Richie McDonald Writes Songs From the Heart

Posted in MusicWorld on March 23, 2006 by

For Lonestar frontman Richie McDonald, no award could mean more to him than one recognizing his work as a songwriter. That’s why the Texas native got misty-eyed at this year’s BMI Country Awards gala when he was named Songwriter of the Year, an honor he shared with Big & Rich’s Kenny Alphin and Harley Allen. McDonald was recognized for the hits “Let’s Be Us Again,” “Mr. Mom” and “Let Them Be Little.”

“It’s one of those moments that I cherish and I’ll never forget,” says McDonald of winning Songwriter of the Year, and though Lonestar has won top vocal group honors from the Country Music Assn. and Academy of Country Music, McDonald says awards won for his songwriting are especially close to his heart. “They are all special, the CMA and ACM Awards, but there’s something about an award for songwriting. Songwriting is where you are pouring out your feelings. You open up your heart.”

It wasn’t McDonald’s first time in the spotlight at BMI’s annual Country Awards gala. He’s received numerous BMI citations and took home the Song of the Year accolade in 2002 for the Lonestar hit “I’m Already There.”

McDonald has come a long way from riding around Dallas in a Coca-Cola truck writing songs while working for the beverage company. “There’s a night and day difference,” he says of his writing then and now. “I came to Nashville 12 years ago thinking I was a songwriter and I found out real fast that I had a lot to learn. You find out that there’s a difference in where you are and where you want to be when you go out to writer’s night and hear great writers.”

He says he learned a great deal by co-writing with Ron Harbin, Tommy Lee James, Gary Baker and Bob DiPiero, among others. “I could go on and on and don’t want to leave somebody out, but these are the guys I’ve learned from,” he says. “They made me a better songwriter.”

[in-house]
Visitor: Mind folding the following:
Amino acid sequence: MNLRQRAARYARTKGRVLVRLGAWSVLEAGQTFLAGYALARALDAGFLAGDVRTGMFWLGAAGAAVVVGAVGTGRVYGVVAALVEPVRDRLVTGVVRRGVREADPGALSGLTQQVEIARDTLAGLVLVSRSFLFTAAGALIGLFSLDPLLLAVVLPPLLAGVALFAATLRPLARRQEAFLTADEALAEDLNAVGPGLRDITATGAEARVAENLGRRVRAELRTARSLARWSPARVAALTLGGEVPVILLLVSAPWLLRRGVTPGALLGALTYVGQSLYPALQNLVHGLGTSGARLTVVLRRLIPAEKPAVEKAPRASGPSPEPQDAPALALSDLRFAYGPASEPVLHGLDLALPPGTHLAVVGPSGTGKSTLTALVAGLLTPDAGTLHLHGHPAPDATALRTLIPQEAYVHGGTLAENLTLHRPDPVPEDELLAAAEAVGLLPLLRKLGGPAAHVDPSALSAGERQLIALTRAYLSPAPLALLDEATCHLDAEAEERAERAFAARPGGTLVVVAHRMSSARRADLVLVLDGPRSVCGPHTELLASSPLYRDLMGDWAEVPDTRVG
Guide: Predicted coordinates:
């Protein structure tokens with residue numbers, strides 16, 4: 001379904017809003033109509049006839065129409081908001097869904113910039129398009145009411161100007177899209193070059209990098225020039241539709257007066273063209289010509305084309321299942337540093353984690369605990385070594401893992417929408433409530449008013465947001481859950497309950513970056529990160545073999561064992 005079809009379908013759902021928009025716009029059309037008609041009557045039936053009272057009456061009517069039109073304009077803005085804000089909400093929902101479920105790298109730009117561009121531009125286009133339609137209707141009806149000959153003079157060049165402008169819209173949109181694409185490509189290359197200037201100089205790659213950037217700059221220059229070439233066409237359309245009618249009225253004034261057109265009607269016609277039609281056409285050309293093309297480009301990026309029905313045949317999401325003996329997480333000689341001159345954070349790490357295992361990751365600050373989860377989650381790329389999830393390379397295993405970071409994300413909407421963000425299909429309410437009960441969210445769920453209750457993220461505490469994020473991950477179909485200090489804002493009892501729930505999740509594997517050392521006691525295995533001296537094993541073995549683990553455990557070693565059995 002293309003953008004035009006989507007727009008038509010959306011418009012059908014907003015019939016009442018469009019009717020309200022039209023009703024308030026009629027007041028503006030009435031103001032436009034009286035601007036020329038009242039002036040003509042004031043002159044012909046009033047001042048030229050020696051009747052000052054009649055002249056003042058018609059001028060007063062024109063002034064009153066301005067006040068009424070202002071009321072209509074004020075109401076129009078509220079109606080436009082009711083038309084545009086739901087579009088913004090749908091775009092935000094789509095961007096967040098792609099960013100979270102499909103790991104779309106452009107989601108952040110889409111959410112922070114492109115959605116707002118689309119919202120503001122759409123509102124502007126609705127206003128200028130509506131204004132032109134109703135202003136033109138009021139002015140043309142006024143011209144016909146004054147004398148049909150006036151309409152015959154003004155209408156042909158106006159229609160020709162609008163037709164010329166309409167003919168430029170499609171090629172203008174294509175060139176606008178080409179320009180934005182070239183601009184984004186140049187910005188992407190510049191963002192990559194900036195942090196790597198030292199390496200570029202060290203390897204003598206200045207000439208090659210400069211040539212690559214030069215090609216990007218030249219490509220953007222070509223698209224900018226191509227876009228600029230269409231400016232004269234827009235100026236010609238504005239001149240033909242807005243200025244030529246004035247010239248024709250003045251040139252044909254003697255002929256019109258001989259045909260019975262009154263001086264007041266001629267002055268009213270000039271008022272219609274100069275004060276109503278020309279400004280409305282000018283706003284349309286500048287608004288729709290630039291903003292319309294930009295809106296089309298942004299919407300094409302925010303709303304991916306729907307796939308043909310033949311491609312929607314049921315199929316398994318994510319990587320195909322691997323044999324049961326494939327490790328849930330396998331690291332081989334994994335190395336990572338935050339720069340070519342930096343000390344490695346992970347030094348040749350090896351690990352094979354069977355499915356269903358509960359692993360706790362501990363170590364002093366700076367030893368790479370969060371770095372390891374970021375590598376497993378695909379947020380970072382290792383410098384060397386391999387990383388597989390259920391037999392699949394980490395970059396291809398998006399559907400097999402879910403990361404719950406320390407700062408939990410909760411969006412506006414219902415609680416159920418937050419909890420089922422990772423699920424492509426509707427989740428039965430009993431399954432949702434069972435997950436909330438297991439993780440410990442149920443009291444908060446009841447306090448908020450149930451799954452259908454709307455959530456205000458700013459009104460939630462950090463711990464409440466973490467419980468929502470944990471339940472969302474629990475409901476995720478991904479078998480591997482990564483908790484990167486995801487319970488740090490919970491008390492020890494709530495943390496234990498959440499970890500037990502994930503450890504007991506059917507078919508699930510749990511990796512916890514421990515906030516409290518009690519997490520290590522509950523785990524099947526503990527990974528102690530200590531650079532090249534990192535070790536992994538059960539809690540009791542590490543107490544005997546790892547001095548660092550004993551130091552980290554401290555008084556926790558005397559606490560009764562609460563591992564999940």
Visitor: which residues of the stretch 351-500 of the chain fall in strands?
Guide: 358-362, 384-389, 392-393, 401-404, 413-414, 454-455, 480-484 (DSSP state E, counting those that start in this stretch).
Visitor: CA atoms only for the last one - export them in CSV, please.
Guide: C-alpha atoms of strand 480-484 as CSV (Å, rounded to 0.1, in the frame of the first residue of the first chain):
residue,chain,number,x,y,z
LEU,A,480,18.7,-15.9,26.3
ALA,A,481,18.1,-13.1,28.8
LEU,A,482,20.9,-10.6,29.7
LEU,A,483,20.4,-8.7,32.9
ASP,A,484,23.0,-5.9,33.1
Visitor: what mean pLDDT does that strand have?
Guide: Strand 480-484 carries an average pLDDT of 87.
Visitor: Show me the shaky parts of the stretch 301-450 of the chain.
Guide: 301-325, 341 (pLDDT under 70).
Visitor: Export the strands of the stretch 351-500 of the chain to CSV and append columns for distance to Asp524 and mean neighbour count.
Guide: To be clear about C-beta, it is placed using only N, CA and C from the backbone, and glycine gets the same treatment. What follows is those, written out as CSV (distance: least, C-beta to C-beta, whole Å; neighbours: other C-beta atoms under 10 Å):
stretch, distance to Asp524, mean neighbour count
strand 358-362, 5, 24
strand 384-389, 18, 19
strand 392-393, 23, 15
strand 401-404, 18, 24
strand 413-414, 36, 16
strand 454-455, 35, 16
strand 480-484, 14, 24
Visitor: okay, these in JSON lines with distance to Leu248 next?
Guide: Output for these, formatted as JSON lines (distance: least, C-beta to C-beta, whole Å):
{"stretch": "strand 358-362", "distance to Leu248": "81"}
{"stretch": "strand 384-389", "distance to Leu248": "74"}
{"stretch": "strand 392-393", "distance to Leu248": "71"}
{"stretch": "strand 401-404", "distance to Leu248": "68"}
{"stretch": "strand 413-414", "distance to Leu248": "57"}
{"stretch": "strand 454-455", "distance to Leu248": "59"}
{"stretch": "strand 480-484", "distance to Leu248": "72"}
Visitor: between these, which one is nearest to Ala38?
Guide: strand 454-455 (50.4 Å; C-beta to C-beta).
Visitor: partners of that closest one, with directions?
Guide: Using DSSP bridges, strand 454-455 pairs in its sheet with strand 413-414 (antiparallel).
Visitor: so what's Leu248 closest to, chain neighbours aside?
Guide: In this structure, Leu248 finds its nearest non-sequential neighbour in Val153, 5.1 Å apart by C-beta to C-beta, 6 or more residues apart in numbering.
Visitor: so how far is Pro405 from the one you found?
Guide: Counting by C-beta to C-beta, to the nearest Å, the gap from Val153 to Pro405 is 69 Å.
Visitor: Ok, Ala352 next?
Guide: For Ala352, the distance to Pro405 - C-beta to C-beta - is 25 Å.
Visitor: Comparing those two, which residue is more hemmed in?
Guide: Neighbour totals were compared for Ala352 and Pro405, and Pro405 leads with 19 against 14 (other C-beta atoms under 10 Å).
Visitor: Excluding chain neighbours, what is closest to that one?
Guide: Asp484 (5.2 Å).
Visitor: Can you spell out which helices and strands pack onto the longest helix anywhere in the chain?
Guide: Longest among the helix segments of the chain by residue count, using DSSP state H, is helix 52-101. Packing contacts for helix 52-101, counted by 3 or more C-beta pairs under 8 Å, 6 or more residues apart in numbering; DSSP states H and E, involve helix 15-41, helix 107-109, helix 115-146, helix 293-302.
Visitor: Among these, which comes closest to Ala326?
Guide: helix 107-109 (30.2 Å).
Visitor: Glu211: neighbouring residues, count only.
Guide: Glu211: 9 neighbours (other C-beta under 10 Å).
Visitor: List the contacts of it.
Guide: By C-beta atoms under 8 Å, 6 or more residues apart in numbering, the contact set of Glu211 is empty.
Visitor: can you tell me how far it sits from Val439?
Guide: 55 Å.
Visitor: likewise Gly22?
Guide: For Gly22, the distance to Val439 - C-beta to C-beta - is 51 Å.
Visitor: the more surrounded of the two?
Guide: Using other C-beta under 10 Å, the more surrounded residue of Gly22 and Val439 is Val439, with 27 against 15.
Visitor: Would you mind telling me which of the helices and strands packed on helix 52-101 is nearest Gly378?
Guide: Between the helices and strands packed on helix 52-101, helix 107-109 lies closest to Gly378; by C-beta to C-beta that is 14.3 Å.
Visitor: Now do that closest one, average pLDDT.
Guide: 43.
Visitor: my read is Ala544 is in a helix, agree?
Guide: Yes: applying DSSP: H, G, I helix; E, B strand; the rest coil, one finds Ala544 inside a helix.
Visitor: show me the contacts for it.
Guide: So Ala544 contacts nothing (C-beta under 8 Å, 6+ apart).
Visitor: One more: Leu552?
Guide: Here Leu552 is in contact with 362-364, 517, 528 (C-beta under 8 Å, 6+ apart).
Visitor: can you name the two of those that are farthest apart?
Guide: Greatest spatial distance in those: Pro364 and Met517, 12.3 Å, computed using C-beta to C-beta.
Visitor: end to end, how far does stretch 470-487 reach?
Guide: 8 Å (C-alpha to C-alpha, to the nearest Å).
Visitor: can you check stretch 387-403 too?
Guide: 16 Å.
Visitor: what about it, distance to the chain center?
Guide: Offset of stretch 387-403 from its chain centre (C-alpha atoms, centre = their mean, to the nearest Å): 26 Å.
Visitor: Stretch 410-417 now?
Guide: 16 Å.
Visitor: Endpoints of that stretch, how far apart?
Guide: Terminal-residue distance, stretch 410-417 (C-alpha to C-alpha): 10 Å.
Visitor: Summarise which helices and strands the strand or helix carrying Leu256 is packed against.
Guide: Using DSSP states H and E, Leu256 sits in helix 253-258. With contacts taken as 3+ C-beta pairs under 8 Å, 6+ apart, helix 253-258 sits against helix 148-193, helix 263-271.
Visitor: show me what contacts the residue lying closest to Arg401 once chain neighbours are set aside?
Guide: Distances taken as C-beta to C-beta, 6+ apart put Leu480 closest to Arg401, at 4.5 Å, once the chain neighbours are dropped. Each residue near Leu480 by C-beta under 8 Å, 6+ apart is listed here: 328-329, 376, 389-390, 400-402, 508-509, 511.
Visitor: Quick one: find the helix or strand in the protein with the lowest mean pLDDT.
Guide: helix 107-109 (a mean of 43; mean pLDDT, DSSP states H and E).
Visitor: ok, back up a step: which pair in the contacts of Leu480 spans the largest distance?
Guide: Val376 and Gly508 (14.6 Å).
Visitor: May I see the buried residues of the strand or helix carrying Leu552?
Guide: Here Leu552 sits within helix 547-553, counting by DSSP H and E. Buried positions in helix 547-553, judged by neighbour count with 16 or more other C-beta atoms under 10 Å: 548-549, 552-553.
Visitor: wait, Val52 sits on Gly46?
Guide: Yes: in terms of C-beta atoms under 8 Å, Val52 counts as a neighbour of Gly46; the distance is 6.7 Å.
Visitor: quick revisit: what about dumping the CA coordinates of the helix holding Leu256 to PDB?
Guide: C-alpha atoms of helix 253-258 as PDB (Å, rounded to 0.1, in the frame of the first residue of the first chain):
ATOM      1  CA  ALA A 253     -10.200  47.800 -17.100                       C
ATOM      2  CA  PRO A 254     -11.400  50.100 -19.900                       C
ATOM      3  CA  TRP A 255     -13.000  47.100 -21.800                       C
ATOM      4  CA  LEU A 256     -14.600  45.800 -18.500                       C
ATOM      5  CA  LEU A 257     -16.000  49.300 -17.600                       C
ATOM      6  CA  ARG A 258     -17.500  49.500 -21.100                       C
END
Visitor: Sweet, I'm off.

McDonald says writing is a passion and, unlike some writer/artists, he has no problem writing on the road. In fact, he’ll frequently invite collaborators out on tours to co-write. “I’m always writing; it’s something I never turn off,” he says. “By the time we go back in the studio, I’ll have 60 songs that I’ve written, but there are a lot of other songs I have to compete with.”

On Lonestar’s latest BNA Records album, Coming Home, McDonald contributes six songs, but he says the group is always open to outside material. “I think that’s one of the reasons we’ve had the success that we’ve had,” says McDonald. “There are great songwriters in Nashville, and that’s all they do every single day. If we didn’t look at outside songs, we wouldn’t have gotten songs like ‘Amazed,’ ‘What About Now,’ and ‘No News,’ songs that have had a big impact on our career.”

On the other side of the coin, McDonald has had his songs recorded by other artists, including John Michael Montgomery, Billy Dean, Clay Walker and Sara Evans, who opens her new album, A Real Fine Place, with McDonald’s “Coal Mine.” “I just want to write a great song,” says McDonald. “If it’s cut by Lonestar, so be it. But if it sounds like somebody else, let’s pitch it.”

McDonald spent seven years as a Sony/ATV Tree songwriter, but now has his own publishing company called Loremoma Music, which combines letters of his wife Lorie’s name and that of their children Rhett, Mollie and Maisie. Though he hasn’t signed any other writers yet, he relishes the idea of mentoring novice songwriters. “I’m looking to [sign] some young writers and nurture them along,” he says. “There are some great ones out there and they just need a shot.”

When he tries to analyze what has made him successful as a songwriter, McDonald says it all comes down to writing about the people and things that are closest to him. “What’s worked best for me is to write from the heart,” he says. “That’s what I’ve had success with is songs like ‘I’m Already There,’ ‘My Front Porch Looking In,’ and ‘Let Them Be Little,’ songs that have really come from the heart.”


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